Quote Originally Posted by tech45 View Post
    Until you measure the pressure differential through your machine you have no idea where you are at regarding flow.
    ... however, much work still needs to be done.
    CLOSED LOOP newer ratings are listed, but in numerical EER's Closed- is posted below OPEN LOOP EER's:

    http://www.energystar.gov/productfin...r=0&lastpage=1

  4. #4
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    Jun 2013
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    Quote Originally Posted by GT1980 View Post
    T... all is in place for what is happening to should be occuring
    can you then measure the PD across the pump, too for total GPM per non-defective OEM fluid ratings being presumed (if you can presume such)?

    and then
    water btuh= 500 x Td x GPM
    solve
    btuh/500/Tdiff= GPM
    ie glycol may be a constant of 485 or what it is; and knowing the net btuh would be another NEAR guess to get perhaps within 3% -5% of reality based on OEM listed absorption-per-situation
    without
    any flow gauge nor pdrop known- all things not being OEM/installer-defective: HX paths, etc.
    ... however, much work still needs to be done.
    CLOSED LOOP newer ratings are listed, but in numerical EER's Closed- is posted below OPEN LOOP EER's:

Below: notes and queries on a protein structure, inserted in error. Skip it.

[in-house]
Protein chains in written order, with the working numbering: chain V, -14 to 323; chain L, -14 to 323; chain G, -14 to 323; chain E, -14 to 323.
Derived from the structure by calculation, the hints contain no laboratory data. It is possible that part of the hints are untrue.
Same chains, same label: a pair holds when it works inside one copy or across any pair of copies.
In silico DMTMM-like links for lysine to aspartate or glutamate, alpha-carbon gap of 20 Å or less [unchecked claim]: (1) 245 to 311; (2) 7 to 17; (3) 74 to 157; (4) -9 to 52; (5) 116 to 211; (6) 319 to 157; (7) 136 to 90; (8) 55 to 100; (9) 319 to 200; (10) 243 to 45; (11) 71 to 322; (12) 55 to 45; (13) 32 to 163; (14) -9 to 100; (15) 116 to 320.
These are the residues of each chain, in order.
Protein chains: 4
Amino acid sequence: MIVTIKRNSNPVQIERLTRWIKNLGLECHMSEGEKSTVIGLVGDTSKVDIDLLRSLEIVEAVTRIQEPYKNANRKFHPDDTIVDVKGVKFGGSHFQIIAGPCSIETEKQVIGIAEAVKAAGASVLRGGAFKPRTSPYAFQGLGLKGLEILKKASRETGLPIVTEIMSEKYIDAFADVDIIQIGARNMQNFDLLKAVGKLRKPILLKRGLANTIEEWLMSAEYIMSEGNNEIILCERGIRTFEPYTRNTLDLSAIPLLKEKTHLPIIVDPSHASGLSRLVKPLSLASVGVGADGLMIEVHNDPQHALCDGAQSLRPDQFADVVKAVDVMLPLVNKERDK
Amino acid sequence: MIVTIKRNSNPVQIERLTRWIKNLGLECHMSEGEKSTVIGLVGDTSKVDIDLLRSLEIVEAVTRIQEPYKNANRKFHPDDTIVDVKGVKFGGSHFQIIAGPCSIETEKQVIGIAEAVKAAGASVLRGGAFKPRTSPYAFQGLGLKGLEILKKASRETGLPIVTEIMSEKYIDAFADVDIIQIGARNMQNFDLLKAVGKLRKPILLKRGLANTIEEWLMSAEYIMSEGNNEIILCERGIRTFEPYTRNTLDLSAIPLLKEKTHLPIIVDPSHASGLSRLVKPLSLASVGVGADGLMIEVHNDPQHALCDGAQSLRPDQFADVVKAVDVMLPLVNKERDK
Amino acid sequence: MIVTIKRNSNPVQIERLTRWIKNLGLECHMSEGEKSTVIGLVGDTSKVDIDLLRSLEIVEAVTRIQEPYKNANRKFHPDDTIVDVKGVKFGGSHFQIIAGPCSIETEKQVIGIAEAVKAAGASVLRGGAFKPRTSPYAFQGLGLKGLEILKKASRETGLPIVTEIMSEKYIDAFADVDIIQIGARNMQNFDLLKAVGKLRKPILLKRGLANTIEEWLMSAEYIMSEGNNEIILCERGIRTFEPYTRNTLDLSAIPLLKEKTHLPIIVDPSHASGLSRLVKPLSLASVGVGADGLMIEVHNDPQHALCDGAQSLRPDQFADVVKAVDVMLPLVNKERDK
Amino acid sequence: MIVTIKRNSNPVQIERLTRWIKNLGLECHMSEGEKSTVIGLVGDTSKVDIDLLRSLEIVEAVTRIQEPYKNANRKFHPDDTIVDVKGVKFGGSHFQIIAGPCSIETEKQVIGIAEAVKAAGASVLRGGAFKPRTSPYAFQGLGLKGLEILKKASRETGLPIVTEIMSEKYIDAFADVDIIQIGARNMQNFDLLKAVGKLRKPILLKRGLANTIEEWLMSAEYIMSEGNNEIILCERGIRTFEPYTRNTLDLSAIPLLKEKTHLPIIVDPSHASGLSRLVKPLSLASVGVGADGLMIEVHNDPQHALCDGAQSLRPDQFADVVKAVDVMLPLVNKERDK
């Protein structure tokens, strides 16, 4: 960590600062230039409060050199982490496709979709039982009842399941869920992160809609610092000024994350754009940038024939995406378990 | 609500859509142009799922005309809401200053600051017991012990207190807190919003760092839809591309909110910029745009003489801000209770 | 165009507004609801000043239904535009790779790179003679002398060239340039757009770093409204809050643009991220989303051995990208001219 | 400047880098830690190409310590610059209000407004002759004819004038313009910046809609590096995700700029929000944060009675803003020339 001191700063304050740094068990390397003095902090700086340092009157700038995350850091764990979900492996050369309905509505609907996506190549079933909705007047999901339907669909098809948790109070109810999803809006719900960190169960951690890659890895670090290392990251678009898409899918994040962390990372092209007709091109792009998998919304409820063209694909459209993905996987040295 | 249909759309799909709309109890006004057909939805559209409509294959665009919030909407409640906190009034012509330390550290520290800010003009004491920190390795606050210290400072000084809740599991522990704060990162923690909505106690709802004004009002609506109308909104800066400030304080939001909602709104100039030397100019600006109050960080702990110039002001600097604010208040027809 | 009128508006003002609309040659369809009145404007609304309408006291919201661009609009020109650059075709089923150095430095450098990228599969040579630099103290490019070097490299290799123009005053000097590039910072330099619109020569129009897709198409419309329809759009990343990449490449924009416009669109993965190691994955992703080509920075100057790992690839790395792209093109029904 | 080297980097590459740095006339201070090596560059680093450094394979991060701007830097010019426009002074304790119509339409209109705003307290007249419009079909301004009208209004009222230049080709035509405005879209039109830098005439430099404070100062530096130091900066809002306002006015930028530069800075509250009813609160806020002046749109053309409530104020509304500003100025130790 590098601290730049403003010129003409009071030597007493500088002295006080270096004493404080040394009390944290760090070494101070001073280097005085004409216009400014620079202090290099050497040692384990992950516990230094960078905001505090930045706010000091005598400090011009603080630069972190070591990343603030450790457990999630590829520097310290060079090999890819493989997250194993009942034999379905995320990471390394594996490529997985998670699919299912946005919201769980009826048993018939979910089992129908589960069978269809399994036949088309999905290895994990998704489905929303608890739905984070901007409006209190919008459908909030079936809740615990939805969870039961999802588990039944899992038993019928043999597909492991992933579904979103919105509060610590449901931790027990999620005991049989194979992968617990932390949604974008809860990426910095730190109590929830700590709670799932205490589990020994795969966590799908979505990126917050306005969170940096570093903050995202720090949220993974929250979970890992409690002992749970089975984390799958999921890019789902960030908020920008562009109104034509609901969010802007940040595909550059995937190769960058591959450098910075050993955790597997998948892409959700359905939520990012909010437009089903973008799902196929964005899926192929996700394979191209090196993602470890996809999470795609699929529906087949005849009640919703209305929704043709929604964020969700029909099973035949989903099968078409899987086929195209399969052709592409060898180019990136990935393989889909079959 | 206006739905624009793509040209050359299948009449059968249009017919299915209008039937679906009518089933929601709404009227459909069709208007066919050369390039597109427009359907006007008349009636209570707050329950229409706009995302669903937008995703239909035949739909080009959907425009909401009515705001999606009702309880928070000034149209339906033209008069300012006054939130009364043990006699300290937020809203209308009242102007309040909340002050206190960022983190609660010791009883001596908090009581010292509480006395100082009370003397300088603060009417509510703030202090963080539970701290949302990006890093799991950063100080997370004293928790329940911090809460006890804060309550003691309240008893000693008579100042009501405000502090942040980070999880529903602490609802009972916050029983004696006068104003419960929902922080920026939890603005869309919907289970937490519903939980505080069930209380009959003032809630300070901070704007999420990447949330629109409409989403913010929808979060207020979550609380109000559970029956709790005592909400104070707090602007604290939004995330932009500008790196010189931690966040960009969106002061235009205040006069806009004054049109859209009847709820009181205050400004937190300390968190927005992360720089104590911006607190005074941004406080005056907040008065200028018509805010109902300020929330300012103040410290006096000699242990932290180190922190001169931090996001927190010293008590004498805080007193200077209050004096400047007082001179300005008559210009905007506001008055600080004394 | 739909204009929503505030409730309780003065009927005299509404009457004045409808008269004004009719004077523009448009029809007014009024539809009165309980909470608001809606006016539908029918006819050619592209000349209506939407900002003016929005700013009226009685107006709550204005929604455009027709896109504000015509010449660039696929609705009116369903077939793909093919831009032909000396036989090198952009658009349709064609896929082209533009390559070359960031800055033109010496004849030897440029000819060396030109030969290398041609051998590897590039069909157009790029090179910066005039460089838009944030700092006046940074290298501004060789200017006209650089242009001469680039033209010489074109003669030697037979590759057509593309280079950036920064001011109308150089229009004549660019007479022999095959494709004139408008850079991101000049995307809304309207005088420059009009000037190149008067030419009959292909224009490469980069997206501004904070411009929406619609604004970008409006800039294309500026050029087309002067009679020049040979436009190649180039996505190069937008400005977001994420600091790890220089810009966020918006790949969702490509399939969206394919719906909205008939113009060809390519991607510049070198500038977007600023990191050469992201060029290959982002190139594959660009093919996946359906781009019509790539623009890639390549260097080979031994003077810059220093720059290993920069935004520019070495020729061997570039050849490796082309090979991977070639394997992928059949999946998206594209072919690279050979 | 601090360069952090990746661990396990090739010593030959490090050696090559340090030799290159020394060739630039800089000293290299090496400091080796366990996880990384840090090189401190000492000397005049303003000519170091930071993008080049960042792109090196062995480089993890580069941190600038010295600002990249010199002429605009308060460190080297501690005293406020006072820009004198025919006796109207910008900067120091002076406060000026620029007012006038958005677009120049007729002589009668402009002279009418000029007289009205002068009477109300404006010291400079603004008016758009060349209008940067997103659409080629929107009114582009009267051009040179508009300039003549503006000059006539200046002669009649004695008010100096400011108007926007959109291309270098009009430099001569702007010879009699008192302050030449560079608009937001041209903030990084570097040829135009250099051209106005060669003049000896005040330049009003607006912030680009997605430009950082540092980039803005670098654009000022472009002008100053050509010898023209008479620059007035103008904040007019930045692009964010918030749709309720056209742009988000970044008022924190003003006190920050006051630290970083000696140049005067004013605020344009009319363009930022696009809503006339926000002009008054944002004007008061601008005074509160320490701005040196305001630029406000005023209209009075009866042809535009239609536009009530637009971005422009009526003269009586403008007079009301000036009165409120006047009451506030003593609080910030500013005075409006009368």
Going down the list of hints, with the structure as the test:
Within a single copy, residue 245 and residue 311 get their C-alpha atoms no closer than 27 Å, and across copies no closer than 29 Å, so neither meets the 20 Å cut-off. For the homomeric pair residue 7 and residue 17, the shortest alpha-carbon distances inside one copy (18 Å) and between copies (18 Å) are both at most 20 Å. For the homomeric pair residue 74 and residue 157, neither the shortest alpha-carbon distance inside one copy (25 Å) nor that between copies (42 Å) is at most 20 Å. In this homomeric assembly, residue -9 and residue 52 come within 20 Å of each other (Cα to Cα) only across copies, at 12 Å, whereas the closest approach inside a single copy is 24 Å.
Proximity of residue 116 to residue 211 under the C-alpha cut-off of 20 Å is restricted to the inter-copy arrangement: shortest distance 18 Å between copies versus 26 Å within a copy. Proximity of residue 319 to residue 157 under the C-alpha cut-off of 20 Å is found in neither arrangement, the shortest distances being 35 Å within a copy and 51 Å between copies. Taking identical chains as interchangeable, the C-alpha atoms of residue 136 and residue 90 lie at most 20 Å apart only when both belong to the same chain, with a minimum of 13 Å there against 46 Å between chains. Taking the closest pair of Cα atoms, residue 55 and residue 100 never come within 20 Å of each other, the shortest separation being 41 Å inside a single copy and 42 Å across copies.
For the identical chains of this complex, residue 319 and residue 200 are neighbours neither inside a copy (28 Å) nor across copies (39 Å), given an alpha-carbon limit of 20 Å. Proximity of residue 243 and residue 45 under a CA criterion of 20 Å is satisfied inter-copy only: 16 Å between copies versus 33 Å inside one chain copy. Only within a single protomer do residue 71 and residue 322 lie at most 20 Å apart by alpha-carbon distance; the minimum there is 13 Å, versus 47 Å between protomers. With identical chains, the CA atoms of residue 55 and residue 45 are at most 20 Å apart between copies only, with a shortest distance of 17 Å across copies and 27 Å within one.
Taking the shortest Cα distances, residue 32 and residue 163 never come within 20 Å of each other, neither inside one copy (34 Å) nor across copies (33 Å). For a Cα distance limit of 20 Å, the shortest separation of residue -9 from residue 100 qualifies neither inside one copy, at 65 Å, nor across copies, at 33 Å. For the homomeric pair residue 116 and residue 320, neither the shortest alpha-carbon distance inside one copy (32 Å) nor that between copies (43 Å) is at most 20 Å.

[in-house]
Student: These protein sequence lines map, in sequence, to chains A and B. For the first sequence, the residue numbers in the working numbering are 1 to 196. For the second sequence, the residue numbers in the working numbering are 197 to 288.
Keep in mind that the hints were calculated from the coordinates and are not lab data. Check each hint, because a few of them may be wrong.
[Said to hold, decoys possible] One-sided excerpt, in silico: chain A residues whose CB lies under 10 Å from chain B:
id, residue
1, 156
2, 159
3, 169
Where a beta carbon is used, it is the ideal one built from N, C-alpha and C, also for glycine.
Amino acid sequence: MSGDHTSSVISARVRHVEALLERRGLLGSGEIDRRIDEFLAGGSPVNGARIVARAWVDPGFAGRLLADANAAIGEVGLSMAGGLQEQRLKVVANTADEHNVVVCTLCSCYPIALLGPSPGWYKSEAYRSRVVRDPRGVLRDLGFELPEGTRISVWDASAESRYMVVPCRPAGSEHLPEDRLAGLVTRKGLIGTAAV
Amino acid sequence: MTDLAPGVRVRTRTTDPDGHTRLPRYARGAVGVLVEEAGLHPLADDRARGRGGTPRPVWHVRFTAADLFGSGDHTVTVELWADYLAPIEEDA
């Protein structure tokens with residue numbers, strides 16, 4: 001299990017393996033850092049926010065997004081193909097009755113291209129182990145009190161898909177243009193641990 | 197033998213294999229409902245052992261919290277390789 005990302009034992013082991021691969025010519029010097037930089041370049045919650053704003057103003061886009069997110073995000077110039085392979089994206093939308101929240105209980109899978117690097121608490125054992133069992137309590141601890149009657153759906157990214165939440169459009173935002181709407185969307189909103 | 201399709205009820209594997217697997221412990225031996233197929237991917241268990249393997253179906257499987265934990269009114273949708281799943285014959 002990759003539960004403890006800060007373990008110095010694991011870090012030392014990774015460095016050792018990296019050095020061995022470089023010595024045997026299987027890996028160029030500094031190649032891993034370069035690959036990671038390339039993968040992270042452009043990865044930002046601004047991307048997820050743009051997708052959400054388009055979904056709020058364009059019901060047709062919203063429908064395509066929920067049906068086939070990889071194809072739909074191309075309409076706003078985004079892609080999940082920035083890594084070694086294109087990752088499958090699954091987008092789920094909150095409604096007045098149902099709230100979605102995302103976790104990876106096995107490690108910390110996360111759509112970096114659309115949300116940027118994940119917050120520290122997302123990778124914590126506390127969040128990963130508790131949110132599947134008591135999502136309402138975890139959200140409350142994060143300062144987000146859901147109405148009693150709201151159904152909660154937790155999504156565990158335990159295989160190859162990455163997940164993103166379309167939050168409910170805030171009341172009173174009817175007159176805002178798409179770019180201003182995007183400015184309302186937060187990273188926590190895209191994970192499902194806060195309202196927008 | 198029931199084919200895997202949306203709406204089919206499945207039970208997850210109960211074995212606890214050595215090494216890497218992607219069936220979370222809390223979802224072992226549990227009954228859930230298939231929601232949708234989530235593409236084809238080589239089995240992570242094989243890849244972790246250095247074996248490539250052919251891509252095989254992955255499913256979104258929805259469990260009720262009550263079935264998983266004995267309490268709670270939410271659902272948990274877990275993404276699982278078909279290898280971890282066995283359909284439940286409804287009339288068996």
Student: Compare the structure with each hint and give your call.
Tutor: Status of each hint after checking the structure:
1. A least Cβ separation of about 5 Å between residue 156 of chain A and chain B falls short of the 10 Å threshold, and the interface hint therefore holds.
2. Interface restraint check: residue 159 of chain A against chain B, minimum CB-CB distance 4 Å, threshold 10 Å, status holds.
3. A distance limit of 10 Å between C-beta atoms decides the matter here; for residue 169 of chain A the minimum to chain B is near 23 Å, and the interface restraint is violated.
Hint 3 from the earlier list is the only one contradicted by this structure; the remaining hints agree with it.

http://www.energystar.gov/productfin...r=0&lastpage=1

  5. #5
    Join Date
    Dec 2008
    Location
    Dixiana, AL
    Posts
    2,609
    Reverse return will make the system "inherently self-balancing" per the engineering guides, but that doesn't mean it totally balances itself to the correct flow rates, just that it gives each piece of equipment the same amount of piping. As you can surmise, this only goes just so far to doing your balancing job for you.

    As 45 said, you have to measure the flow thru the machines individually and set them correctly or you're just guessing.

    My question to you: You said that you had to "pinch down on the outlet valve to make the flow switch close and allow the chiller to run". Does anything seem strange about that to you?

  6. #6
    Join Date
    Jul 2013
    Location
    Illinois
    Posts
    33